TUESDAY, Oct. 11 (HealthDay News) -- Women who have the BRCA2 gene mutation that raises the risk for both breast and ovarian cancer are more likely to survive ovarian cancer than other women, a new study indicates.
Those other women include both women with the BRCA1 mutation, also linked to a heightened risk of breast and ovarian cancer, and women without either mutation.
Researchers said the explanation for the better survival rates with BRCA2 is that women with that mutation respond better to chemotherapy.
"BRCA2 has a better survival compared to BRCA1 and wild type [typical] patients," said study author Da Yang, a postdoctoral fellow at the University of Texas M.D. Anderson Cancer Center. "When we further looked at the chemotherapy response, we find BRCA2 has a more beneficial response compared to the BRCA1 and wild type."
The study is published in the Oct. 12 issue of the Journal of the American Medical Association.
Both the BRCA1 and BRCA2 mutations substantially raise the risk of developing both breast and ovarian cancer, leading many women to opt for preventive mastectomies and removal of their ovaries and fallopian tubes.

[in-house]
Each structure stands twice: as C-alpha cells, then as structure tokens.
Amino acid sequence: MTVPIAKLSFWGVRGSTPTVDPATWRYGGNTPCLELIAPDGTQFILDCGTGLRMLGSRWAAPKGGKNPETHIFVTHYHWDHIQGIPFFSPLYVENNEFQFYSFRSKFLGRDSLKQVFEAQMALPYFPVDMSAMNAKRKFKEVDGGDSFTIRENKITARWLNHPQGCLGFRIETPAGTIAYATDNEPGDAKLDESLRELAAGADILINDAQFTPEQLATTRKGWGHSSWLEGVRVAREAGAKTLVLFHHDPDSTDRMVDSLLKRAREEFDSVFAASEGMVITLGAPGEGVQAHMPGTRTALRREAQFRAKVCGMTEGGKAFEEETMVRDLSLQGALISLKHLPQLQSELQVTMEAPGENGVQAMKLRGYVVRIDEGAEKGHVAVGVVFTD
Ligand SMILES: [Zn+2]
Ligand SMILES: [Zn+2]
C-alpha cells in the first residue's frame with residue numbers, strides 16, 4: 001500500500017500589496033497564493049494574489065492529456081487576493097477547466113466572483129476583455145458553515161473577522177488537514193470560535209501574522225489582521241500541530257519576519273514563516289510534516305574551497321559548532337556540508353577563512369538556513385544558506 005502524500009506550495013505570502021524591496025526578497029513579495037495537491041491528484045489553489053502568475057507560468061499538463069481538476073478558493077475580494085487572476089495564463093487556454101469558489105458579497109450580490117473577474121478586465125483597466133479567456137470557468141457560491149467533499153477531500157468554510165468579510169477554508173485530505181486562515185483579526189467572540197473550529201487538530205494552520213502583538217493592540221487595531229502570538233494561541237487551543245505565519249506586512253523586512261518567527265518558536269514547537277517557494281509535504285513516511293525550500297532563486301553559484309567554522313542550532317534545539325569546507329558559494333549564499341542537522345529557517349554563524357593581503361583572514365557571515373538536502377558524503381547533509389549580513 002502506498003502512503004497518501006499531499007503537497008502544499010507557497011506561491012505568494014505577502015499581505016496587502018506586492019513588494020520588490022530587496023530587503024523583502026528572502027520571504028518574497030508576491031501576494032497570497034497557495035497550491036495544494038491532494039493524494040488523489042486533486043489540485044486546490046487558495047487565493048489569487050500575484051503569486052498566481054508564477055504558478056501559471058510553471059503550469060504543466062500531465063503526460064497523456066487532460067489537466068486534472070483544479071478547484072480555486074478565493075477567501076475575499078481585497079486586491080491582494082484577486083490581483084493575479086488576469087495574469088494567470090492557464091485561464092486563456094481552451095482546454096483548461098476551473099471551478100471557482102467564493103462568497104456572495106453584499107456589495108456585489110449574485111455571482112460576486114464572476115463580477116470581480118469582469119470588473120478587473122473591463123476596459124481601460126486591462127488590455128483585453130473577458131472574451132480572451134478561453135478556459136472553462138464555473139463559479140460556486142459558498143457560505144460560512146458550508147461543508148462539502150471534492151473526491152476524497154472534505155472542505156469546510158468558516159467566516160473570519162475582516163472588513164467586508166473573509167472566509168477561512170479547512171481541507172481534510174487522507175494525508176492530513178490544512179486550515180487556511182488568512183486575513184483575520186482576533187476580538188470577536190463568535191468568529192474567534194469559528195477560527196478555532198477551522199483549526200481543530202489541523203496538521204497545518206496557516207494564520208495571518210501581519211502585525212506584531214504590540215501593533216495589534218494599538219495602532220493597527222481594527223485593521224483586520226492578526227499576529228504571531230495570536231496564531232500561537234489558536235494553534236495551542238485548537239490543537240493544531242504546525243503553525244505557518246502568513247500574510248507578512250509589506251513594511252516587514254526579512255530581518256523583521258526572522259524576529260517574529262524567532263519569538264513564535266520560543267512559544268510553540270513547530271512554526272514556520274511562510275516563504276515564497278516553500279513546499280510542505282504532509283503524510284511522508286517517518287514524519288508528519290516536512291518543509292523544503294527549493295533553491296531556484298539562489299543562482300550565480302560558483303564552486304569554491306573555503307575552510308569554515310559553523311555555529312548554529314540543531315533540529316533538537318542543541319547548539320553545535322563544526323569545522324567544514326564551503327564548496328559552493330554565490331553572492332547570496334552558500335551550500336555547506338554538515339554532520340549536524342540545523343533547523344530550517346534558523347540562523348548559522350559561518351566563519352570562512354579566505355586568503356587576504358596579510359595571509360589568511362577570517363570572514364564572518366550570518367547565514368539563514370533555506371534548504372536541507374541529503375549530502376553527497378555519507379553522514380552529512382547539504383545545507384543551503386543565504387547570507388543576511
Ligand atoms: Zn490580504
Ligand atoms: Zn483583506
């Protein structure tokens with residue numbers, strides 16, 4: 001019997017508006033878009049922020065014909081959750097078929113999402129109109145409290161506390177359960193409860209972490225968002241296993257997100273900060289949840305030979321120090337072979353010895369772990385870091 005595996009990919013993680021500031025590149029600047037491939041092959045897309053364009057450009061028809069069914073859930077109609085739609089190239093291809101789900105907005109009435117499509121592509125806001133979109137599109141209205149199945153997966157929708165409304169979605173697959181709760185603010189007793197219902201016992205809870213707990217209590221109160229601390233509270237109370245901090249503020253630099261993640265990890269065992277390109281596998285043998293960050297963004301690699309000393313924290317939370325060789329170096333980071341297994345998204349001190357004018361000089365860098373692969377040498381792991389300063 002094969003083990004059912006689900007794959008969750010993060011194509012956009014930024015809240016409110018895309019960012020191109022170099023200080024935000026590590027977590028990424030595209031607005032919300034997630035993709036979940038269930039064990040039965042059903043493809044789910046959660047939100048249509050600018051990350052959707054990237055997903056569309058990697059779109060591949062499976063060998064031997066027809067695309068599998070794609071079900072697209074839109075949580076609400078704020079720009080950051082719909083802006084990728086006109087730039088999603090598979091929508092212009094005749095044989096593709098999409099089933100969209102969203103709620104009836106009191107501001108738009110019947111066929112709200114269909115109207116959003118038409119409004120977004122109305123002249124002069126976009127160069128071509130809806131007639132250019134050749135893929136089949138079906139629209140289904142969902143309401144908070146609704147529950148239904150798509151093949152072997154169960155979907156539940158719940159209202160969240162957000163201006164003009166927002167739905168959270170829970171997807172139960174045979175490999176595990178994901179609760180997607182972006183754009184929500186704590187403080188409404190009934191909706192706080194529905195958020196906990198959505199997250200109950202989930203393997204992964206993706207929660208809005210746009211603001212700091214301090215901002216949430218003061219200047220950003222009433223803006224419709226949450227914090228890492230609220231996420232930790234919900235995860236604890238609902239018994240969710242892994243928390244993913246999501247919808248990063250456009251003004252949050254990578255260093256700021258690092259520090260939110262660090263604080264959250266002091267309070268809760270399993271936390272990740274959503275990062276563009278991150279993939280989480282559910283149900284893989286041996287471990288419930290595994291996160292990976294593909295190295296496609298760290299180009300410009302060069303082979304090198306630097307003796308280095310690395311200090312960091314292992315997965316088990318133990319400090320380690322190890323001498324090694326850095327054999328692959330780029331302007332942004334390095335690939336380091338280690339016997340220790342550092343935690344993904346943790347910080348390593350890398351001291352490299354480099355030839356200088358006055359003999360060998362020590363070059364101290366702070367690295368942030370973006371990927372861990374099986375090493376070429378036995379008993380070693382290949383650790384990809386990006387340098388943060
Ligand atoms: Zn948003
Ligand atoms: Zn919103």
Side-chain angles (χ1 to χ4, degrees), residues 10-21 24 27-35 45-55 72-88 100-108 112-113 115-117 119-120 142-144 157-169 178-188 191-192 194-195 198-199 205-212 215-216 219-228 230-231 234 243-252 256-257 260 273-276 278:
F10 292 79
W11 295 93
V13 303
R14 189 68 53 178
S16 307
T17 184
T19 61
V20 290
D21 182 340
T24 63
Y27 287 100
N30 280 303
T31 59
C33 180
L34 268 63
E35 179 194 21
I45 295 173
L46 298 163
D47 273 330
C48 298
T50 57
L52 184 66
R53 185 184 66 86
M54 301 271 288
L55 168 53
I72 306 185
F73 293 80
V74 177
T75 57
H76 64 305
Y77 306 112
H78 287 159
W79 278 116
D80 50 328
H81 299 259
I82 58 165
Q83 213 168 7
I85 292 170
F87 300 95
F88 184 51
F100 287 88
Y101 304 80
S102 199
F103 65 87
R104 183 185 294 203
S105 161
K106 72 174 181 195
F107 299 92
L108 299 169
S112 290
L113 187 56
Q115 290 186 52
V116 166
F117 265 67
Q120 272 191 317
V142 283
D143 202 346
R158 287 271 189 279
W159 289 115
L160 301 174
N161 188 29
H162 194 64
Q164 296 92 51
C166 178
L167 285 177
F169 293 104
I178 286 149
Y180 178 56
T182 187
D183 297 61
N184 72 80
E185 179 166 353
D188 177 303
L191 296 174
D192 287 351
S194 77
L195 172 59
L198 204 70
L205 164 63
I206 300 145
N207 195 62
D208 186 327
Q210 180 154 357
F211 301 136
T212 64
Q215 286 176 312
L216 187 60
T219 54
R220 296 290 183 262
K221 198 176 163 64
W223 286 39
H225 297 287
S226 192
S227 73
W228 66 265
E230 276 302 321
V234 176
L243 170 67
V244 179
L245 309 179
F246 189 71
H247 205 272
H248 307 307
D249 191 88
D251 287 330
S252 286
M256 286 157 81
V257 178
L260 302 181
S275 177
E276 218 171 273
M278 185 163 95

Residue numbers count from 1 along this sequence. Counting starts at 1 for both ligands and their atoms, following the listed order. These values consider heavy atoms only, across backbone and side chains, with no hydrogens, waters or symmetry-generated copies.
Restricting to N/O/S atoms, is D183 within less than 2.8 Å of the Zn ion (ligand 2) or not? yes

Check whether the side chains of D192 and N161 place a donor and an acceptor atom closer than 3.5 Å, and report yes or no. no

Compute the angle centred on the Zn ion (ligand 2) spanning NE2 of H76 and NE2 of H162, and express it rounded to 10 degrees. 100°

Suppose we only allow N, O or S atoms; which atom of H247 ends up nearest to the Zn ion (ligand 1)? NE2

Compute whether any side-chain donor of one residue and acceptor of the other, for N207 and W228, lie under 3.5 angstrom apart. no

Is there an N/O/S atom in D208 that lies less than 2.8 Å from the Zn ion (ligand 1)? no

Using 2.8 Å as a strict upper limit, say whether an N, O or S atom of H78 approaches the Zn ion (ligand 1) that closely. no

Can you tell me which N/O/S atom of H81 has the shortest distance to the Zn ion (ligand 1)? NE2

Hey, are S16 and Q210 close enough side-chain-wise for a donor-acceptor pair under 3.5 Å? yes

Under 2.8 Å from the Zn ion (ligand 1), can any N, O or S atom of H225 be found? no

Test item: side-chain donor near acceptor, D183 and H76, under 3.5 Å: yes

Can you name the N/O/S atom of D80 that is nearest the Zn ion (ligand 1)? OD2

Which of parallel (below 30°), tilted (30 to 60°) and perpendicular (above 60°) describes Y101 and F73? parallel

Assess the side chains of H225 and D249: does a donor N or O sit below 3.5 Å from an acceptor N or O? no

Over the course of a lifetime, women with BRCA1 have a 39 percent to 54 percent risk of developing ovarian cancer, while women with BRCA2 mutations have an 11 percent to 23 percent risk, according to background information in the study.
It's also been observed that women who have the mutations and who develop ovarian cancer tend to live longer than those without the mutations, Yang said. The new research not only confirms that, but gets at the differences between the two types of BRCA mutations.
Using data on 316 women with ovarian cancer who took part in the Cancer Genome Atlas project, researchers found that the 29 women with the BRCA2 mutation had a 61 percent chance of surviving five years, compared t
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